Urgent medical care needed in earthquake-hit Haiti

Thousands of people were flocking Friday to makeshift hospitals run by the charity Medecins Sans Frontieres (Doctors Without Borders) in the quake-devastated Haitian capital Port au Prince in need of immediate medical aid that was unavailable.

“In the MSF hospital we have thousands of people needing surgical intervention,” Stefano Zannini, the medical group’s chief of mission in Haiti, told reporters by telephone from Port au Prince.

He said many were simply waiting in the courtyard outside the hospitals hoping for help.

Another aid worker, speaking also by phone, said he was transporting injured people to a hospital but it remained unclear if they could receive medical attention, owing to overcrowding, a lack of supplies and a shortage of staff.

Doctors and nurses, apparently in shock and concerned for their own families, have left medical facilities, the senior aid official in the country said on condition of anonymity as he was not authorised to discuss the issue with the press.

“The three most important needs we have identified now are medical care, food and drinking water,” Zannini said, noting he had not seen any major food distributions.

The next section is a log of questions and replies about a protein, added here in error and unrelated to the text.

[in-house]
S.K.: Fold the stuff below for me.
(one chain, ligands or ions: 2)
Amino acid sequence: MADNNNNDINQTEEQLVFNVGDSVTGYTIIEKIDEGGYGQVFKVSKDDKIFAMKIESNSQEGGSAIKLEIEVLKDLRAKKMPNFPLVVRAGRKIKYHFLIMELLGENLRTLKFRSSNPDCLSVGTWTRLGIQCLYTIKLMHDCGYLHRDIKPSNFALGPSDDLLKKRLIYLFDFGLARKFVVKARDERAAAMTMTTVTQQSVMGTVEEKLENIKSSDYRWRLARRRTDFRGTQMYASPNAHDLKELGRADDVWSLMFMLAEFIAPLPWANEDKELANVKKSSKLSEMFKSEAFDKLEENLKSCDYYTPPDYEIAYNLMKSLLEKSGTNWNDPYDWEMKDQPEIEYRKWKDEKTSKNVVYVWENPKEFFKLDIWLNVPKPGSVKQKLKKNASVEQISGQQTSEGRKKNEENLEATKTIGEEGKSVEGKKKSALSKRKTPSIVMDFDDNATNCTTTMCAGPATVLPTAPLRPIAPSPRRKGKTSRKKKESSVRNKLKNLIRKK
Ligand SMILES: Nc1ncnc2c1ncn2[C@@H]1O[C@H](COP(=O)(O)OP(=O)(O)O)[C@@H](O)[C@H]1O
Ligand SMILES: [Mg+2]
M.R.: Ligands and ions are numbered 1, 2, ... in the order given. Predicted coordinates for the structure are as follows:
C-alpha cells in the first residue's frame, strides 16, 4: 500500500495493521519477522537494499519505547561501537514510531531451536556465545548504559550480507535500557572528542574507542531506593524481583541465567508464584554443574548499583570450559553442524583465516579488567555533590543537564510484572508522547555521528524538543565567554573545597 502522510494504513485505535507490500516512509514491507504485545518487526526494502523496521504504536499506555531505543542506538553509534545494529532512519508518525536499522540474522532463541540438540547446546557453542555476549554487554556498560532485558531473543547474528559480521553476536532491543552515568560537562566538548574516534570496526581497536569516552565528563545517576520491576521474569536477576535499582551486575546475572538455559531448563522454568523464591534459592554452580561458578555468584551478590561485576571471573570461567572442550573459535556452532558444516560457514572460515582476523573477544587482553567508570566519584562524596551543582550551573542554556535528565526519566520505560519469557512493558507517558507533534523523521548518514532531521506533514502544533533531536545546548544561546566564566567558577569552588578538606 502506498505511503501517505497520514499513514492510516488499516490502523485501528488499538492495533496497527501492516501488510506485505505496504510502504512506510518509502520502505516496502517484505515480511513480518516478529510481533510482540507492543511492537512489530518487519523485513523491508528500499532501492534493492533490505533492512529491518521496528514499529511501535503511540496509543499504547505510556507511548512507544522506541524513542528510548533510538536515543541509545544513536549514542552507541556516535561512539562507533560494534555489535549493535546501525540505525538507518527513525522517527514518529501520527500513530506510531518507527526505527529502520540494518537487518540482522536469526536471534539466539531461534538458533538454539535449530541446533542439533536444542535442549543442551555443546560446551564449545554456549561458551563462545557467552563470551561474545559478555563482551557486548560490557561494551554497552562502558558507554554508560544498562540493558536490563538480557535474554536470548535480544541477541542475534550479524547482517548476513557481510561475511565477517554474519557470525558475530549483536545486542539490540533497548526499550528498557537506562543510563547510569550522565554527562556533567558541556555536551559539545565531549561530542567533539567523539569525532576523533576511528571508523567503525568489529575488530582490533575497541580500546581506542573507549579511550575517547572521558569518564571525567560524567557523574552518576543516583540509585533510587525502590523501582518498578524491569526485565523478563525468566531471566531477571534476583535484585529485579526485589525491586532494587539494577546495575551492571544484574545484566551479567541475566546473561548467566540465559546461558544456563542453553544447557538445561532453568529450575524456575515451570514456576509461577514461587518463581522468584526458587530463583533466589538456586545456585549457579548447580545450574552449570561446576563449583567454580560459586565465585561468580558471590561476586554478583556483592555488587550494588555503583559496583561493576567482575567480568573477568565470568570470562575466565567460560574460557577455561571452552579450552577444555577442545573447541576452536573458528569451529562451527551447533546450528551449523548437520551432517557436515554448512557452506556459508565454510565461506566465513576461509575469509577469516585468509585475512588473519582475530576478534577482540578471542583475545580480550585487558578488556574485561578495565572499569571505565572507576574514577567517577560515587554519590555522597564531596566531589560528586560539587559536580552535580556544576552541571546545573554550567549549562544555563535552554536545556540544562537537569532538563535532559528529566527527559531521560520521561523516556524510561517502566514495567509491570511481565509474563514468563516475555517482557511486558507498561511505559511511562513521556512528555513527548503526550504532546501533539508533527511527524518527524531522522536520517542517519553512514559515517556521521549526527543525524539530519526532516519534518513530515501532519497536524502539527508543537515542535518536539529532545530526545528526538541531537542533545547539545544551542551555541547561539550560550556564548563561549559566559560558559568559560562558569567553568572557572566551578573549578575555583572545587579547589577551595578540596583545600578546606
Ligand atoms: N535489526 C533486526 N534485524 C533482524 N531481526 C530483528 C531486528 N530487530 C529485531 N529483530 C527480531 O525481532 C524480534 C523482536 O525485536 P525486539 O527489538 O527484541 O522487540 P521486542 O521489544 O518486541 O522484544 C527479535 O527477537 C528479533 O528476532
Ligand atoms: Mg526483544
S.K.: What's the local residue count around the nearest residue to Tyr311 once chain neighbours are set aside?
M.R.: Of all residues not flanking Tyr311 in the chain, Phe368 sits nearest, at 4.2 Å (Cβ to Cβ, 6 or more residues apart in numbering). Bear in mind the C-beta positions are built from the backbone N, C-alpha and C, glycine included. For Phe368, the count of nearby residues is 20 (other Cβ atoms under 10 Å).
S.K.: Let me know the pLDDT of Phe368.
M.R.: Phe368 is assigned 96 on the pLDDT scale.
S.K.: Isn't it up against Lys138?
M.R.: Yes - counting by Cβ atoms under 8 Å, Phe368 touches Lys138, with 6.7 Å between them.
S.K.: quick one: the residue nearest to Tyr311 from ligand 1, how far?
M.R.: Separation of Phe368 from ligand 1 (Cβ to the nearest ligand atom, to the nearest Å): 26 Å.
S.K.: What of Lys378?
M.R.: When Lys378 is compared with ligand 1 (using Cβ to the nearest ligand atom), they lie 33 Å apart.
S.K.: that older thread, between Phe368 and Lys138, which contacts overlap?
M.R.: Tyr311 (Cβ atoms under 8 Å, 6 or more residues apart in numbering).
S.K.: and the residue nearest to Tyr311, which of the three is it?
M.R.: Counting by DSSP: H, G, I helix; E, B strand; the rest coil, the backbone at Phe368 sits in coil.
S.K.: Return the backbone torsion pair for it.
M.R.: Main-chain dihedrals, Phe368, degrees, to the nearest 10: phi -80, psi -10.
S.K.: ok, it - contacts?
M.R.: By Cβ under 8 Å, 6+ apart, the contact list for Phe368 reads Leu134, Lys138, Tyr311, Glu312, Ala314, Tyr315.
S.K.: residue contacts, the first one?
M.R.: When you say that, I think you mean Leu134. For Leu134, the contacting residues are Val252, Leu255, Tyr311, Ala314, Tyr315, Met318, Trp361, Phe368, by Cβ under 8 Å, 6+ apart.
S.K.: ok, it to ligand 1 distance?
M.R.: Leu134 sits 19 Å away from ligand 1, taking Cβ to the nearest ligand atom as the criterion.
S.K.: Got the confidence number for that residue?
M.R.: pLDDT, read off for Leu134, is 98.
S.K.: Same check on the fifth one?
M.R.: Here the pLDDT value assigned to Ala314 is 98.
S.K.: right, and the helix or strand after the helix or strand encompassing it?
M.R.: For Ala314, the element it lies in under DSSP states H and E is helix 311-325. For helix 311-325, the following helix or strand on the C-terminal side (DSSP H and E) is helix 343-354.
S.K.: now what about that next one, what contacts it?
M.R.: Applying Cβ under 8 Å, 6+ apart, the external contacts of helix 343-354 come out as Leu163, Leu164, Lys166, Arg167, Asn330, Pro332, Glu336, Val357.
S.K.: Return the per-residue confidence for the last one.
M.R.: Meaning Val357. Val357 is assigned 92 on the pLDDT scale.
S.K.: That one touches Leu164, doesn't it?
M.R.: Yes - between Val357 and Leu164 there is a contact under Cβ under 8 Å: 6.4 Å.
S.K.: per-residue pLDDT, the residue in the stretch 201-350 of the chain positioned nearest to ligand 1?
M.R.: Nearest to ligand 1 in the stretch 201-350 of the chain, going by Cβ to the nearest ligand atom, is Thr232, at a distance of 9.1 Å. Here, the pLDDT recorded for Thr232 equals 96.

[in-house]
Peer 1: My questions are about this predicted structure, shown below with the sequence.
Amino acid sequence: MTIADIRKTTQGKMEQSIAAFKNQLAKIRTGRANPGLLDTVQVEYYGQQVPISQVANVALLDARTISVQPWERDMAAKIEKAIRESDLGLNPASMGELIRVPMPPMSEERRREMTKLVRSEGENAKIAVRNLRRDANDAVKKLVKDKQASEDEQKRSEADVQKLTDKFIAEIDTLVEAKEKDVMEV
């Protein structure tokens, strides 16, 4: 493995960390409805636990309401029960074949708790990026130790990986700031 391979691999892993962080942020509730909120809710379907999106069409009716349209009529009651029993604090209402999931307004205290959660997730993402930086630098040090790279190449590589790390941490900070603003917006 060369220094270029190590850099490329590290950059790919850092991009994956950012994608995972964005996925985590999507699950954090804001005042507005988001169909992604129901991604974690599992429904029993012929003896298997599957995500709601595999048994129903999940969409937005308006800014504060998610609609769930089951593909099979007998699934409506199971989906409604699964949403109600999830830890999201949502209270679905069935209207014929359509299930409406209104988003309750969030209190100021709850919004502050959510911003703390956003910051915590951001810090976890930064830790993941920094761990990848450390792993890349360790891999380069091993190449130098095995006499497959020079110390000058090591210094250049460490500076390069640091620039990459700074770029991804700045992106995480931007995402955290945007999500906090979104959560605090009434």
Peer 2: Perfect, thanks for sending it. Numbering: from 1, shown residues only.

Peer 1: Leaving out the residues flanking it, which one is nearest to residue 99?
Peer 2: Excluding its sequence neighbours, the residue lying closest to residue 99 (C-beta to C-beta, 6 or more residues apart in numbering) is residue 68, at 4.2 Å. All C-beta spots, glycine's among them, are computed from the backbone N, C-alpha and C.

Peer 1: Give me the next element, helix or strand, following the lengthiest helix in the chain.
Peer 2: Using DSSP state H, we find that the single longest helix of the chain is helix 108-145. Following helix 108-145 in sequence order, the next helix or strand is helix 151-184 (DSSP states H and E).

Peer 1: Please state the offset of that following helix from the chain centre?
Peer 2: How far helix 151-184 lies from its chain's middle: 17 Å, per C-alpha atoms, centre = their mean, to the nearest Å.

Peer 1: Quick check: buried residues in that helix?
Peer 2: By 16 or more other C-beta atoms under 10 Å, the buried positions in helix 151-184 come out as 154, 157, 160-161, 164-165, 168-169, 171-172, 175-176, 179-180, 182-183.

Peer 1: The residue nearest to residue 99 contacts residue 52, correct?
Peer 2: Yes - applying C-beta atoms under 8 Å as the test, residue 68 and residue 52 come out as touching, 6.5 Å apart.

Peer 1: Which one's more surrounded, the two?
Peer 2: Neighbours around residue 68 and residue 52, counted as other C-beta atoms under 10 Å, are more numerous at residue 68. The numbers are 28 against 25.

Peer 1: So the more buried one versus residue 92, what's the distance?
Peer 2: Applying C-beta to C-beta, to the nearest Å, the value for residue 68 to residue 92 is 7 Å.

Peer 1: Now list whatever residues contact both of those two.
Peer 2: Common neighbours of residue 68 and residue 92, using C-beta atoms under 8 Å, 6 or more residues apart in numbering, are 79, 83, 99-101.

While some food was reaching the capital from agricultural areas nearby, the prices had shot up exponentially, leaving much of Haiti’s impoverished people without the means to purchase the basic supplies of vegetables, humanitarian officials in the country said.

Aid workers were saying there was a complete breakdown of the governmental structure in Haiti, with “no functioning state.”

Ministers were dead or missing, the presidential palace and ministries destroyed and the country’s bureaucracy in total disarray, with civil servants unable to communicate with each other.

Shortages of food and water were also presenting a problem for the humanitarian relief efforts, hampering the ability of doctors to transport patients and feed their own staff.

Zannini with MSF said he experienced a small glimmer of hope on the first night after the earthquake struck.

“Our first surgical activity that night was a complicated delivery,” he said.

“I am proud to say we were able to save both the lives of the baby and mother.”



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